Although both tau and Abeta pathologies define AD, only Abeta is the characteristic feature that distinguishes AD from other forms of dementia. In fact, only the presence of plaques containing Abeta peptide allows a definite AD diagnosis [10, 67-69], whereas the presence of PHF alone could be related also to other forms of tauopathies, like FTPD, Pick disease and others . The specificity of Abeta pathology to AD makes of Abeta and its precursor APP ideal therapeutic targets. Here we will review the role of APP in AD, the molecular mechanisms that regulate Abeta formation, focusing on the role of Pin1 as a post-phosphorylative event to regulate both APP intracellular localization and trafficking, and also turnover, preventing Abeta formation. These topics are of particular relevance for the understanding of the mechanisms underlying Abeta production in AD. In fact, the intracellular localization of APP will determine whether APP will be toxic influencing the production of beta-amyloid peptides. Moreover, impaired APP turnover will cause APP stabilization, which will lead to increased levels of both APP and beta-amyloid peptides. Thisphenomenon is particularly consistent with pathologies associated with higher levels of APP and development of AD, such as Down syndrome.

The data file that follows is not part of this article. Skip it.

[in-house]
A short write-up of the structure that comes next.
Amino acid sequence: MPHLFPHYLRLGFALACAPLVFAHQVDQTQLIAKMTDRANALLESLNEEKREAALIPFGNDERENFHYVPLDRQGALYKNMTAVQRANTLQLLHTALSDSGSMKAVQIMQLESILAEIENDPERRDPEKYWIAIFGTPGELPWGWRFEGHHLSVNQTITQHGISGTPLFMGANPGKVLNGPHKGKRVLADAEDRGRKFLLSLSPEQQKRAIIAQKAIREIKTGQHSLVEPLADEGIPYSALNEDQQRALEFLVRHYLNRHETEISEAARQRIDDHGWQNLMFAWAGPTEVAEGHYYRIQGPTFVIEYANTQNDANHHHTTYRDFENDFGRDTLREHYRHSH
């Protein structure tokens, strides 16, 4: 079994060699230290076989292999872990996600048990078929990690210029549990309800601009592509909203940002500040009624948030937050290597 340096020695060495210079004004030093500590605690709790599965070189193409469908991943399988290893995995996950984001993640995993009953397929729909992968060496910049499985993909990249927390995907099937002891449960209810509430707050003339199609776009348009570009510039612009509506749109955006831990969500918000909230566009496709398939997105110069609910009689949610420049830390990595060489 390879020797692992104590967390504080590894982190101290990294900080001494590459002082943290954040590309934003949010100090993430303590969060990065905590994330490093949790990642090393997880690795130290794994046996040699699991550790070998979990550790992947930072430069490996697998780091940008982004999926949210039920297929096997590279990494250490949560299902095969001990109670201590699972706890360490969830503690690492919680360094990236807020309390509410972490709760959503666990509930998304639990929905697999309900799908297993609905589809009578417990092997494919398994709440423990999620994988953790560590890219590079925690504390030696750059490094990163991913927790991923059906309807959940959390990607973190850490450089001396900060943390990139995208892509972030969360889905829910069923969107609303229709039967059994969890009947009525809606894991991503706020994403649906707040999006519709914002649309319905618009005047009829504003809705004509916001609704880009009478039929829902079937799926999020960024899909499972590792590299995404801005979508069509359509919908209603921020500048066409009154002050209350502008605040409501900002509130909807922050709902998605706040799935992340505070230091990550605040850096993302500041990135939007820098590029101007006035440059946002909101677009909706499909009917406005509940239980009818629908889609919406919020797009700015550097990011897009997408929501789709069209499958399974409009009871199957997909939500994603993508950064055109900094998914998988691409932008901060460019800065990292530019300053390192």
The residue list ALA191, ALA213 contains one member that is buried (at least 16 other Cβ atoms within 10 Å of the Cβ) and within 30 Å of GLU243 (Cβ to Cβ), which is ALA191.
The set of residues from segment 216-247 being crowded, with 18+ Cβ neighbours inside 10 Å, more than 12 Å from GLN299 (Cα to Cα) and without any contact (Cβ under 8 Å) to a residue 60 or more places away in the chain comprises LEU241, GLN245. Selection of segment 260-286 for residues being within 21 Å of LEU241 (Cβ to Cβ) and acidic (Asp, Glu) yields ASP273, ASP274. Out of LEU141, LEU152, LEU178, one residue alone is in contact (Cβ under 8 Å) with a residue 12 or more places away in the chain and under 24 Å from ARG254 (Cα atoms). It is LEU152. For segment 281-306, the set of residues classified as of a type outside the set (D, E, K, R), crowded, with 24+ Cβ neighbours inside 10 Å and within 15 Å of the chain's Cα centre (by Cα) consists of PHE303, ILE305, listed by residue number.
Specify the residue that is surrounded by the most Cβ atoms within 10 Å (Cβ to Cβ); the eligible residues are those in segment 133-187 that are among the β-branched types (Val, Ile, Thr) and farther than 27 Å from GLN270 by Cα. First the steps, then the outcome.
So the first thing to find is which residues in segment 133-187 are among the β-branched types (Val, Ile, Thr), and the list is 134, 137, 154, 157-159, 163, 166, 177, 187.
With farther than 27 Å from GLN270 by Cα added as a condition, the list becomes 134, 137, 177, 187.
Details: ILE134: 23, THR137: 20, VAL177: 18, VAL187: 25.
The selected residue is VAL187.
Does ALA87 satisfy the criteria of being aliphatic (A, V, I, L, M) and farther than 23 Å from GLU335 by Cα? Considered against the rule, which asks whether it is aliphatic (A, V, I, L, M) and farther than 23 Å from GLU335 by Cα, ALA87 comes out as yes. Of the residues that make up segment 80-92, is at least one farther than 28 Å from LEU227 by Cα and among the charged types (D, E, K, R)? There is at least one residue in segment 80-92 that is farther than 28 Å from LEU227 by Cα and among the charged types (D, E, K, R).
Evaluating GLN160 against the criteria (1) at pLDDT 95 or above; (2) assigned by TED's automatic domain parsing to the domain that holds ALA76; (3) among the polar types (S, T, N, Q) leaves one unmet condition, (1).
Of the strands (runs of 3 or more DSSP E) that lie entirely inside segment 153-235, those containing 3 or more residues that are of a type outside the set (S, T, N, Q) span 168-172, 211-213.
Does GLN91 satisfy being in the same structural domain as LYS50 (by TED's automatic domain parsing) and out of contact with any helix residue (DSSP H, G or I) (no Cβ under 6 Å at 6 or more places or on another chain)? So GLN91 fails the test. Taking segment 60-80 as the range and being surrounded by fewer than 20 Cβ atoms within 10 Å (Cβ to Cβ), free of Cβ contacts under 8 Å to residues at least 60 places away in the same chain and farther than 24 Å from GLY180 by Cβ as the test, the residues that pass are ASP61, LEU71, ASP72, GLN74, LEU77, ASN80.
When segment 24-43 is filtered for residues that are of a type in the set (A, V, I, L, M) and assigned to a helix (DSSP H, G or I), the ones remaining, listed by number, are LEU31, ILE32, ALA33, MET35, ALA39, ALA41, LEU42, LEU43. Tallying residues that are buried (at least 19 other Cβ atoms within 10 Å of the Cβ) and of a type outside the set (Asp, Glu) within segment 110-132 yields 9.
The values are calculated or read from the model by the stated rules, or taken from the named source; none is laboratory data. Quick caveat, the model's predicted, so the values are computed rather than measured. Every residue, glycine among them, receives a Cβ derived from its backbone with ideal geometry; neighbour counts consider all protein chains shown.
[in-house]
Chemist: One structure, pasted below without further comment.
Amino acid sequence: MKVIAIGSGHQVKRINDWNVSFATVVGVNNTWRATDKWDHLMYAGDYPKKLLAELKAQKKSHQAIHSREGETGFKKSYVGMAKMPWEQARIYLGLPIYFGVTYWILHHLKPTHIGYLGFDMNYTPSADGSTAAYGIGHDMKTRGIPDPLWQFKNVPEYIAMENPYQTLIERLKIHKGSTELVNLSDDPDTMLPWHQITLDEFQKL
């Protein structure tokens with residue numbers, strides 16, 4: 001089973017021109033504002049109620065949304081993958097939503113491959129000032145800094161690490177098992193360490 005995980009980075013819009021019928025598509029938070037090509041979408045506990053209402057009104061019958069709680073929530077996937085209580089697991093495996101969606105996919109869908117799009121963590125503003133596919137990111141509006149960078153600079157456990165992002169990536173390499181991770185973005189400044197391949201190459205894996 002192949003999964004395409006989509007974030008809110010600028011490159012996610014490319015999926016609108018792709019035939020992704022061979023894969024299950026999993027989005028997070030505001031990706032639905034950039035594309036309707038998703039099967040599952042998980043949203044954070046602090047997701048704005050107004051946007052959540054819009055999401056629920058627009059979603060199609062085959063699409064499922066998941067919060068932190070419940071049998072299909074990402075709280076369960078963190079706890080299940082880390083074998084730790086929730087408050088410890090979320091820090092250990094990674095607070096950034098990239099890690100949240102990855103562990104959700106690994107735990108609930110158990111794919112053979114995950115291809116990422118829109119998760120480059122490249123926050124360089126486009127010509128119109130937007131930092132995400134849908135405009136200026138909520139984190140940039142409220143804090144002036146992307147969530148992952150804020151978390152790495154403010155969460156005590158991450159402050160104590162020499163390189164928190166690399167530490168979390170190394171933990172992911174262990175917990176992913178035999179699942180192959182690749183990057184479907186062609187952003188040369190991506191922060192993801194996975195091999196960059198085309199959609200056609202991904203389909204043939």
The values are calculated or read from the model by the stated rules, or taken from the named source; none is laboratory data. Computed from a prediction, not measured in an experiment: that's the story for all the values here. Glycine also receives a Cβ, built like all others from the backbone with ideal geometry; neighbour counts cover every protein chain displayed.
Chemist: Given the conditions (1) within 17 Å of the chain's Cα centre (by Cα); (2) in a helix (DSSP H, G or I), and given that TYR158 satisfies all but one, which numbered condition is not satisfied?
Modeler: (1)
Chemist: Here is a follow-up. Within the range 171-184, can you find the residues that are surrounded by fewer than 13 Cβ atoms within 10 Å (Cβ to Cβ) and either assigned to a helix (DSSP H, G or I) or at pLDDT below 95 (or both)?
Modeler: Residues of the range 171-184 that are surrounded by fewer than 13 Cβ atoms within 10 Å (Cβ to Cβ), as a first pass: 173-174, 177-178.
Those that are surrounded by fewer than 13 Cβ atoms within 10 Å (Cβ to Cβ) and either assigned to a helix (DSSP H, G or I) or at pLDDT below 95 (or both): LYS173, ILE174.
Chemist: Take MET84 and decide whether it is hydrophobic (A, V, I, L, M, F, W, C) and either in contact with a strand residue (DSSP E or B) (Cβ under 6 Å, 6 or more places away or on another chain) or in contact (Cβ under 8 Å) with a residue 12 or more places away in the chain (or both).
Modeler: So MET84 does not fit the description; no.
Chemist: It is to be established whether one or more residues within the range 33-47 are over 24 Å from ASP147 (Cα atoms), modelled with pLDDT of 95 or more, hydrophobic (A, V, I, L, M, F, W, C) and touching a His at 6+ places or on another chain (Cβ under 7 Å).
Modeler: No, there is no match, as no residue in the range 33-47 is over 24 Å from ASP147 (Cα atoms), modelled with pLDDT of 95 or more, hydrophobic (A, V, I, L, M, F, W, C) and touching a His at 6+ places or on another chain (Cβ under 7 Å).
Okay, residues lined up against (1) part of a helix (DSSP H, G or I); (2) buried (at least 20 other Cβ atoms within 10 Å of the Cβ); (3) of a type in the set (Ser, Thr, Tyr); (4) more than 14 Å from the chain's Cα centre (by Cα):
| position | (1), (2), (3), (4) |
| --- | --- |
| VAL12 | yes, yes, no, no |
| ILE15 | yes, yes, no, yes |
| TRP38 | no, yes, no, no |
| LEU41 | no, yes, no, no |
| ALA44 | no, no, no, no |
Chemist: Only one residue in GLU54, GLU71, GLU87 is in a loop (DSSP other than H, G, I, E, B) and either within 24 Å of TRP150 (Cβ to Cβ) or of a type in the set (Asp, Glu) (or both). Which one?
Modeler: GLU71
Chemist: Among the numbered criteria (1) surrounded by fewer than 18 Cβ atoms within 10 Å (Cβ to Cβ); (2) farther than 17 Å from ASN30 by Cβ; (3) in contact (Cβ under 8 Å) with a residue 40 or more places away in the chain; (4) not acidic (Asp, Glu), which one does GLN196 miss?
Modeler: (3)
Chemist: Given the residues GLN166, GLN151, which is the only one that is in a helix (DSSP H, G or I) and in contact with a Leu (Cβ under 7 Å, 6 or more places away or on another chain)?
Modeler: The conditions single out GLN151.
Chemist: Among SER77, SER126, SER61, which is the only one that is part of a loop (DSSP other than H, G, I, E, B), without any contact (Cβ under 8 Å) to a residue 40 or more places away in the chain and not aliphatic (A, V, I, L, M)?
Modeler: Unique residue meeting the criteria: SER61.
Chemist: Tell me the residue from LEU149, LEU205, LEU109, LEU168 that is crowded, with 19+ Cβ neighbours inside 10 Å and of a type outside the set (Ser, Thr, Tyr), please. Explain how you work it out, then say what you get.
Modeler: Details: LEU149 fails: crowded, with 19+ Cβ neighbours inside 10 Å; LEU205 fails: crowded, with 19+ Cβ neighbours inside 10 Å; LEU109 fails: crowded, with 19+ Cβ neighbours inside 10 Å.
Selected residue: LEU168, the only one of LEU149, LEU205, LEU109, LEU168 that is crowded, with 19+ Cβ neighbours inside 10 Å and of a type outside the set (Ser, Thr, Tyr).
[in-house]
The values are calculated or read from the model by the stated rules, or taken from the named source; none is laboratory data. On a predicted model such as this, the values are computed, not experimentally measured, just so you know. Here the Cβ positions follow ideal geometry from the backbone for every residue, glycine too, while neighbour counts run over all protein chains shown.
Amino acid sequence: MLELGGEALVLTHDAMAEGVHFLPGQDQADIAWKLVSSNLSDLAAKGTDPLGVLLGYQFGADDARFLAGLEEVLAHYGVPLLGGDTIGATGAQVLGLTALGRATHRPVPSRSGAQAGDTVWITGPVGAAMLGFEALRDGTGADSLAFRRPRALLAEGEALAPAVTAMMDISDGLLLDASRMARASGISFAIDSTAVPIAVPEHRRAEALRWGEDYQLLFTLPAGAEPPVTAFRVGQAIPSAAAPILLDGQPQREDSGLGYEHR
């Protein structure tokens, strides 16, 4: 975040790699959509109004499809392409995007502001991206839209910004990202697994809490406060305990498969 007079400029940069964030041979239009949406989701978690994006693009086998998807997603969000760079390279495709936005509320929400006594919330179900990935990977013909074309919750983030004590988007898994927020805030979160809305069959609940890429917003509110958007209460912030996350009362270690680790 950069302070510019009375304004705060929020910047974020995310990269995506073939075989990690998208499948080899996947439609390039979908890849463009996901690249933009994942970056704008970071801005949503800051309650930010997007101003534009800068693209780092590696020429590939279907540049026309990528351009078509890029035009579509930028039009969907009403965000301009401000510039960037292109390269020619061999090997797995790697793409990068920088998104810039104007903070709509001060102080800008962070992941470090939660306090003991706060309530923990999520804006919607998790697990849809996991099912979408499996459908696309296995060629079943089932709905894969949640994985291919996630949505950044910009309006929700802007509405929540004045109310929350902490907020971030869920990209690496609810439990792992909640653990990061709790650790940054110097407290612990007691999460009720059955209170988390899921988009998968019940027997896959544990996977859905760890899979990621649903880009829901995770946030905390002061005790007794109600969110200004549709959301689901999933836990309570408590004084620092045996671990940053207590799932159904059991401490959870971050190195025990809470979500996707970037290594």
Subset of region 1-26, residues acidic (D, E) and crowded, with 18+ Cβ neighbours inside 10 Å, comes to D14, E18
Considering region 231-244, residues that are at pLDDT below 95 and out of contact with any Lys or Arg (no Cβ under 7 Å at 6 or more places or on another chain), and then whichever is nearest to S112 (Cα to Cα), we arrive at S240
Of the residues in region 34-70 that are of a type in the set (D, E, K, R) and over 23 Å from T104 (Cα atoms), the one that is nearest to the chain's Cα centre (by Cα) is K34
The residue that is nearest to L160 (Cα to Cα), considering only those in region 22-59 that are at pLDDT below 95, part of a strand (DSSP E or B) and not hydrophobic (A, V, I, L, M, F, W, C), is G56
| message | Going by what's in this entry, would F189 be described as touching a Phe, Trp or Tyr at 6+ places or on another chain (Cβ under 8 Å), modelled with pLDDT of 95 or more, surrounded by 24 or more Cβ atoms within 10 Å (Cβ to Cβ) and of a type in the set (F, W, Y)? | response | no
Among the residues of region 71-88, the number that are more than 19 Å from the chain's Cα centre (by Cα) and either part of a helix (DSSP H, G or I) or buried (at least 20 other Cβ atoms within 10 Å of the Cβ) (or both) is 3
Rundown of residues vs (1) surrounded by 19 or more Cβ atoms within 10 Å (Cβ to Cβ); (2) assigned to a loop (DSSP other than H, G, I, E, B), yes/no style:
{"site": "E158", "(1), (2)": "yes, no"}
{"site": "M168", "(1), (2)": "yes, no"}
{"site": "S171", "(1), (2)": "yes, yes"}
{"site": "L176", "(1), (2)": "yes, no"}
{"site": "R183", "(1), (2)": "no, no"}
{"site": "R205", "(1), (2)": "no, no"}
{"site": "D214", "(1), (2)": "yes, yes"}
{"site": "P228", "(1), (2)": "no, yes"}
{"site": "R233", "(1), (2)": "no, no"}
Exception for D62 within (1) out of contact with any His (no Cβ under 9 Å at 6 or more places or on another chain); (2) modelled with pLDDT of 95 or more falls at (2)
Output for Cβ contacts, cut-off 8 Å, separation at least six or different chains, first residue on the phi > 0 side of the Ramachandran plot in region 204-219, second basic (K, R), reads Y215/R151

APP is a type 1 transmembrane protein that is ubiquitously expressed. APP is characterized by a long extracellular domain, a short transmembrane domain and a small intracellular domain that regulates APP phosphorylation and trafficking [68, 70]. The domain that contains the sequence for Abeta spans a region of approximately 40 aminoacids across the N-terminal portion of the trasmembrane domain . Three isoforms of APP exists characterized by different molecular weight, the result of alternative RNA splicing, APP751, APP750 and APP695 . Since the splicing occurs in the most N-terminal region of the protein, all the three isoforms express the domains for both Abeta and the intracellular domain . APP isoforms may be differently expressed in the various organs. AP770 is for example mostly present in the heart and in peripheral cells, whereas APP695 is the only form expressed in the brain and therefore linked to Abeta generation in AD . For this reason, the APP isoform considered in AD studies is APP695, and the numbering of the aminoacids follows this sequence.